Tuesday, July 29, 2008

A parade! A parade!!

I couldn’t tell you the last parade I went to, but I am pretty sure it has been fifteen or twenty years. I have always loved parades. The gathering, the food stands, the seeing and talking to everyone. I wish we had more parades. It’s such a funny thing, that we celebrate things with objects moving in front of us, one often having little to do with the other. This weekend I felt up for a parade, and a small-town parade seemed the way to go. In the neighboring town of Columbia Falls, it was Heritage Days.

I drove down the mountain and over through farmland, making me feel like I was back in the Midwest... and the parade lent the same feeling. In what must be a town of around 1000 people, there were definitely more bodies packed onto the sidewalks, sitting on curbs, resting in chairs and drinking waters and eating ice cream. The pride and joy of the parade seemed to be the Budweiser Clydesdales, which seemed somehow ironic to me-- that I would come 2500 miles away from home to see the horses that reside a mile from my house.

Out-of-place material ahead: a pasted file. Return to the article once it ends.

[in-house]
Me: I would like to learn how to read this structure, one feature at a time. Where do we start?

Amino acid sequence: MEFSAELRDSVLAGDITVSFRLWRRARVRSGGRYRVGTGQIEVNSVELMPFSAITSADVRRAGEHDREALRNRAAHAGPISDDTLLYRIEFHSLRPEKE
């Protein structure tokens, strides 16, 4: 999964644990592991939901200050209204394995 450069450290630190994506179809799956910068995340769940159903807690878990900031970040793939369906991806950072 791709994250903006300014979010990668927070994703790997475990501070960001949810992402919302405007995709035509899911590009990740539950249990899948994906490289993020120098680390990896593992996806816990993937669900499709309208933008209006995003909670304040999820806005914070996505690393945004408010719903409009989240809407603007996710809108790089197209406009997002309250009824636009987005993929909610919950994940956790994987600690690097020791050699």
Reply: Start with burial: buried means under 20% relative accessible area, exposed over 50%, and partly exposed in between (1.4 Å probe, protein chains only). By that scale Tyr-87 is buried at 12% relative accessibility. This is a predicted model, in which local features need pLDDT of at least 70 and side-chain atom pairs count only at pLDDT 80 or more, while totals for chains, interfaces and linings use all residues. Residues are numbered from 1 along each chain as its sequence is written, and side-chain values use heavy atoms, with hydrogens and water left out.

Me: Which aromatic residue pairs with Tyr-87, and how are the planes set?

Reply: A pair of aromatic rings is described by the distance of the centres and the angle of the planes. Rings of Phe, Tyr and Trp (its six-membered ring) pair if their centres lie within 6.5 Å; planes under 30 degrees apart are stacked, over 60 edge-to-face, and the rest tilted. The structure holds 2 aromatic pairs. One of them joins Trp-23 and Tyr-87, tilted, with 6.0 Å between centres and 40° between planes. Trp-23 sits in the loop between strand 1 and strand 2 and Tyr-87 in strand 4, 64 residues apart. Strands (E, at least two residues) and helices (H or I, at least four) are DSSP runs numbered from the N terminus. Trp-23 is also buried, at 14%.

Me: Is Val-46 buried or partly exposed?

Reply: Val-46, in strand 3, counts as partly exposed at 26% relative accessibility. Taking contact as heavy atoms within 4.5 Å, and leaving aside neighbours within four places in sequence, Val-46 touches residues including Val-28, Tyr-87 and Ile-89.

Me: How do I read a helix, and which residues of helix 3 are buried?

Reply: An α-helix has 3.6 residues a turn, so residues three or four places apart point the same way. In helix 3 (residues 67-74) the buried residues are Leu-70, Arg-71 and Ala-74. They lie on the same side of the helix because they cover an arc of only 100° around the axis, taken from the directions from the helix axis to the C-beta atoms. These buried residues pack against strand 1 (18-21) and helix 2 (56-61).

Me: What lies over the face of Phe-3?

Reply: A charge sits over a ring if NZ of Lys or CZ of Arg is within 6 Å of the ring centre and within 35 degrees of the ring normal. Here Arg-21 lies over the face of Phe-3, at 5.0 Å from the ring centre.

It was a fantastic parade, almost an hour long. There were trailers of hay with members of the Columbia Falls class of 1958 riding (and other trucks with the classes of 1968, 88, and 98, though the seventies seemed conspicuously absent). There were classic cars (and then a car show), ambulances and firetrucks, and every local business. There were random semis and logging trucks. The Shriners drove their small little cars. People rode on horseback, many dressed in character. There were kids doing gymnastics and three pretty talented kids riding very tall unicycles. There was a gorgeous stagecoach and a cowboy throwing a lasso. And then the Clydesdales, for which finally, many people took out their cameras. There was not one float, but I did love the variety of transport used; it felt like almost every part of the town was represented.

Following the parade, there was a wild horse drive down the highway to the rodeo grounds. Sadly, I missed it. There were dances and carnival rides, competitions and community meals. And later, a rodeo.

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